Our CO2 emissions are not the only aspect of our lifestyle that has a negative impact on our environment. So much of what we do can damage the environment in other ways if we are not careful.
When we wash ourselves or our clothes, or do the washing up with a regular product we are probably sending phosphates into the water system and these can upset the balance of life in our rivers and streams as too many phosphates cause an algae bloom that can smother the surface and reduce the oxygen in the water, so causing the death of fish and other creatures living in the water. Excessive phosphates caused the Great Lakes of America to suffer an ecological disaster in the 1960's and 1970's. Perhaps this was the cause of the stinking mass of rotting fish in Lake Ontario, which I experienced first hand as a child in the mid '60's. This and similar problems with water pollution caused manufacturers to change the types of detergent they used, in Britain at least.
Some additives in regular detergents are potentially hazardous to the environment while others can cause people irritation and allergic reactions. These include enzymes, optical bleaches, foaming agents and synthetic colourings and perfumes
Clear Spring from Faith in Nature, Earth Friendly (sold by Green Brands in the UK), Ecoleaf, or Ecover.
This is a very straight forward thing to do, which should not involve much effort. True, the green detergents may cost you a little bit more financially, but to calculate the total cost of any product it's impact on the environment and our own health has to be taken into account as well.
Ecover products are available widely in supermarkets, while the other makes tend to be sold in Health Food shops. Some people prefer to avoid Ecover products since they carried out tests on water fleas a few years ago as this is a form of animal testing. It seems they may also have carried out tests on the blood of farmed rabbits. According to their list of ingredients their washing up liquids, laundry liquids and possibly other products contain Sodium Laureth Sulfate, a detergent derived from petroleum based products, which can be an irritant and may be harmful in other ways.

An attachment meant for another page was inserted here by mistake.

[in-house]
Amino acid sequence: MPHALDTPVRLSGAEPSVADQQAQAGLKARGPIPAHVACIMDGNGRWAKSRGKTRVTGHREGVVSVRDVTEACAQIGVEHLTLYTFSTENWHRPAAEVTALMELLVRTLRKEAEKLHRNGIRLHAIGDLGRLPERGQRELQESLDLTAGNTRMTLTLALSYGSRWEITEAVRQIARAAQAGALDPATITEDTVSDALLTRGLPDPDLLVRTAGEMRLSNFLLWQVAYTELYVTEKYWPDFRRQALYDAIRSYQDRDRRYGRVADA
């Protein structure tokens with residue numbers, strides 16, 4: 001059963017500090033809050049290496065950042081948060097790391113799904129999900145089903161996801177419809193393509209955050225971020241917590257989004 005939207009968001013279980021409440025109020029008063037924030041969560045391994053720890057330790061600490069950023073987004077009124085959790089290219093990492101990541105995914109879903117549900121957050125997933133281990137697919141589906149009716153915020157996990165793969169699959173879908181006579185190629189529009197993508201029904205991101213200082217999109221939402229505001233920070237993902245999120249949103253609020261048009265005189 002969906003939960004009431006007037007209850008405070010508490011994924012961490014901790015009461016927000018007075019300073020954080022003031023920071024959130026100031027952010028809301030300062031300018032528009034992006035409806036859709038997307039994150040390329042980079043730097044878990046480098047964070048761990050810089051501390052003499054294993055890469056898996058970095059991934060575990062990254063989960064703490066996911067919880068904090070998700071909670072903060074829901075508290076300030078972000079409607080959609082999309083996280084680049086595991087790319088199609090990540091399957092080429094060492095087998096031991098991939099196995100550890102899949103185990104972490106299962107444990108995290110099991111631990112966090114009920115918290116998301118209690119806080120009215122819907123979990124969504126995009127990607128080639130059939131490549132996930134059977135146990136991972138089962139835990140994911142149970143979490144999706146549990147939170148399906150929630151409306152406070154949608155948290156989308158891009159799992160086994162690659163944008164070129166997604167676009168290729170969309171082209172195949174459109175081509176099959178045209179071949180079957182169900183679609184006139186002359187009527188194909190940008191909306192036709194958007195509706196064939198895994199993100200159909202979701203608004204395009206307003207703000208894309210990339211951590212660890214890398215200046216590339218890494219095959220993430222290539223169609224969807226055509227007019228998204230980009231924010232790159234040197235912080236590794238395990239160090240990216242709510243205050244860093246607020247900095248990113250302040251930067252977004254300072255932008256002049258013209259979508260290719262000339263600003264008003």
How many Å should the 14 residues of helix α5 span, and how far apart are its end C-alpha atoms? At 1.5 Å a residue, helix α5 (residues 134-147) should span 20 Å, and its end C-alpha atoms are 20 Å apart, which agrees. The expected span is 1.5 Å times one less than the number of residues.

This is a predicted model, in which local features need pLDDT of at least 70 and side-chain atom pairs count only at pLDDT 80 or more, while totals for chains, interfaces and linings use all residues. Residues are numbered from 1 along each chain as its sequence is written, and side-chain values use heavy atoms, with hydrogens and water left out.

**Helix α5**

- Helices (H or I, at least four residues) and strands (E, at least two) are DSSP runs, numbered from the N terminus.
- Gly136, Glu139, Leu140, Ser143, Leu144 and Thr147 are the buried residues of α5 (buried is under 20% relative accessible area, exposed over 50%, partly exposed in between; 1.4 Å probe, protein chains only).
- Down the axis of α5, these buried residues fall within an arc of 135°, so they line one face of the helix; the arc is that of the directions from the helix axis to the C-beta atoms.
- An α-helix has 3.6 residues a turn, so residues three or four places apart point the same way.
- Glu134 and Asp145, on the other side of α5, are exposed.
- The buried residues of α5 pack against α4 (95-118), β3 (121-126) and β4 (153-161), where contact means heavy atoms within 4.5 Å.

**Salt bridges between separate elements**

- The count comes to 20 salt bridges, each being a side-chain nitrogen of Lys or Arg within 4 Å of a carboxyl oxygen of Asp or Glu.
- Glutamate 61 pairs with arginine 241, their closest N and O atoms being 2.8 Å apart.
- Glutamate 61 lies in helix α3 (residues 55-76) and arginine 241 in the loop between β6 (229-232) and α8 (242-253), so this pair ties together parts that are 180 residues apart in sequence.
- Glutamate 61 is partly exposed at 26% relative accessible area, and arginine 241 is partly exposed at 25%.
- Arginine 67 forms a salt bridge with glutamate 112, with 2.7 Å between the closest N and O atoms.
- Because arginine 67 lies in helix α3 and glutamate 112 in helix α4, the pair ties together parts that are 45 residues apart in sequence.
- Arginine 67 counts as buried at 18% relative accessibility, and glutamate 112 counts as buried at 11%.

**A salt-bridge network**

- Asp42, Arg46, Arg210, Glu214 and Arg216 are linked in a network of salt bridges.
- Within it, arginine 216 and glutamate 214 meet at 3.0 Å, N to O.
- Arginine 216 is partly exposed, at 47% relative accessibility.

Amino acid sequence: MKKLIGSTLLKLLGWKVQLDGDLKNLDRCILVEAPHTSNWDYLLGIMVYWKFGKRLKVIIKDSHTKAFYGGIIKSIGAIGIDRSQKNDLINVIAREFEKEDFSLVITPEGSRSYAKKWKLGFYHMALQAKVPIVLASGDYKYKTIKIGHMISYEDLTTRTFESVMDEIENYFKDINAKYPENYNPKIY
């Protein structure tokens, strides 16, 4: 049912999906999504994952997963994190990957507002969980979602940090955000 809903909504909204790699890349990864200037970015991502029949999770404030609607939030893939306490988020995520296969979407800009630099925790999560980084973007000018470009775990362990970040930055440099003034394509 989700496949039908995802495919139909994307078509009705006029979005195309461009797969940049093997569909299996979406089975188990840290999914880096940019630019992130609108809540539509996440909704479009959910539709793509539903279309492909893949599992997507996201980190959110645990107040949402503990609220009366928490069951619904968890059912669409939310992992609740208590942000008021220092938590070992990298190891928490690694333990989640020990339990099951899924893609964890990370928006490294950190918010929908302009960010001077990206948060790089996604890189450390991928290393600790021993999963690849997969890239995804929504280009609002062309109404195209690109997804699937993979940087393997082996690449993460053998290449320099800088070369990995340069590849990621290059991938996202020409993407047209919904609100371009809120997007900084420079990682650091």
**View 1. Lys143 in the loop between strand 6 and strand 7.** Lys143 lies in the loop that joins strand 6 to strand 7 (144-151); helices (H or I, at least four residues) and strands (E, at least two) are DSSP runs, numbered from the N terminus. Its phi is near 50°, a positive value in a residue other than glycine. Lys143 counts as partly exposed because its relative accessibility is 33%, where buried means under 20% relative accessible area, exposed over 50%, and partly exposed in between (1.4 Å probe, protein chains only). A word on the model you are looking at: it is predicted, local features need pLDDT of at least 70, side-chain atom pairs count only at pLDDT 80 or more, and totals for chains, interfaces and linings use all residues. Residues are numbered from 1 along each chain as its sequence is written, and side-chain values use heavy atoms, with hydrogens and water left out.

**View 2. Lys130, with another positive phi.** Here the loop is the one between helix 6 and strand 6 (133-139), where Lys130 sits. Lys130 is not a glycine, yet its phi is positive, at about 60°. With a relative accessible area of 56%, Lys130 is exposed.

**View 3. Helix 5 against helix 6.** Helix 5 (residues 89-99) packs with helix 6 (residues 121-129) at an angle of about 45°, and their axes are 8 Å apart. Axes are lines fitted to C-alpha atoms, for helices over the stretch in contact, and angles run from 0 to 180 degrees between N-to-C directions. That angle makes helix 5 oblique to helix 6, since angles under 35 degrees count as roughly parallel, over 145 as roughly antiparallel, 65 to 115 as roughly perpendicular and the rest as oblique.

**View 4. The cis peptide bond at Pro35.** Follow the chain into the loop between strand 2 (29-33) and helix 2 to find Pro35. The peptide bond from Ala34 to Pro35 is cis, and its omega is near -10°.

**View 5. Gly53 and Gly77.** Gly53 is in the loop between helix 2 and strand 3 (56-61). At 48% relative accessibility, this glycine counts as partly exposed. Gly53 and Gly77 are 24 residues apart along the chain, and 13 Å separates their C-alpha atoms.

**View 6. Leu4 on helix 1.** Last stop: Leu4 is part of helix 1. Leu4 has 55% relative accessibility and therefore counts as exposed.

Currently I use Bio-D washing-up liquid as the company is based in the UK as well as filling all the other criteria I require. For washing my clothes I use Ecoleaf laundry liquid as it dissolves well and I like the smell, which is not milky like some. This is a relatively new product from the Suma Co-op.
It is possible to buy many of these products in 5 litre containers from which you can refill the bottle you keep by the sink and some Health Food shops provide a refill service so you could take a re-usable container of your choice along.
If you are trying to avoid using plastic bottles at all you can use soap nuts instead of your usual laundry liquid or soap powder Soap nuts are the pods from the Sapindus Mukorossi, a tropical tree native to India and southern China. These pods contain a high level of saponin, which is a natural detergent.
You can also make a kind of washing up liquid from them. According to the soap pod website you can make washing up liquid from them in the following way:
Put 15 whole Soap pods or equivalent
and 2 litres of water
in a heavy bottom pan and bring to the boil. Be careful, as they will boil over like milk! Put a lid on and simmer very gently for 10-20 mins. Leave overnight. This is enough for a normal liquid for cars and floors etc.
For all other cleaning you need to make a stronger concentration, so the next day repeat the same; bring to the boil then simmer for 10-20 mins. The liquid should then be deep golden colour.
When cool strain well through sieve in to a jug and decant into plastic bottles.
The liquid will keep 4-8 weeks depending on how much light and heat gets to it so try to store out of sunlight.
If you wish your the liquid to have a smell you can add a few drops of an essential oil such as orange or lemon grass.
This is something I've been meaning to try, but haven't got round to yet. I bought my soap nuts from Summer Naturals, but there seem to be a number of outlets on-line.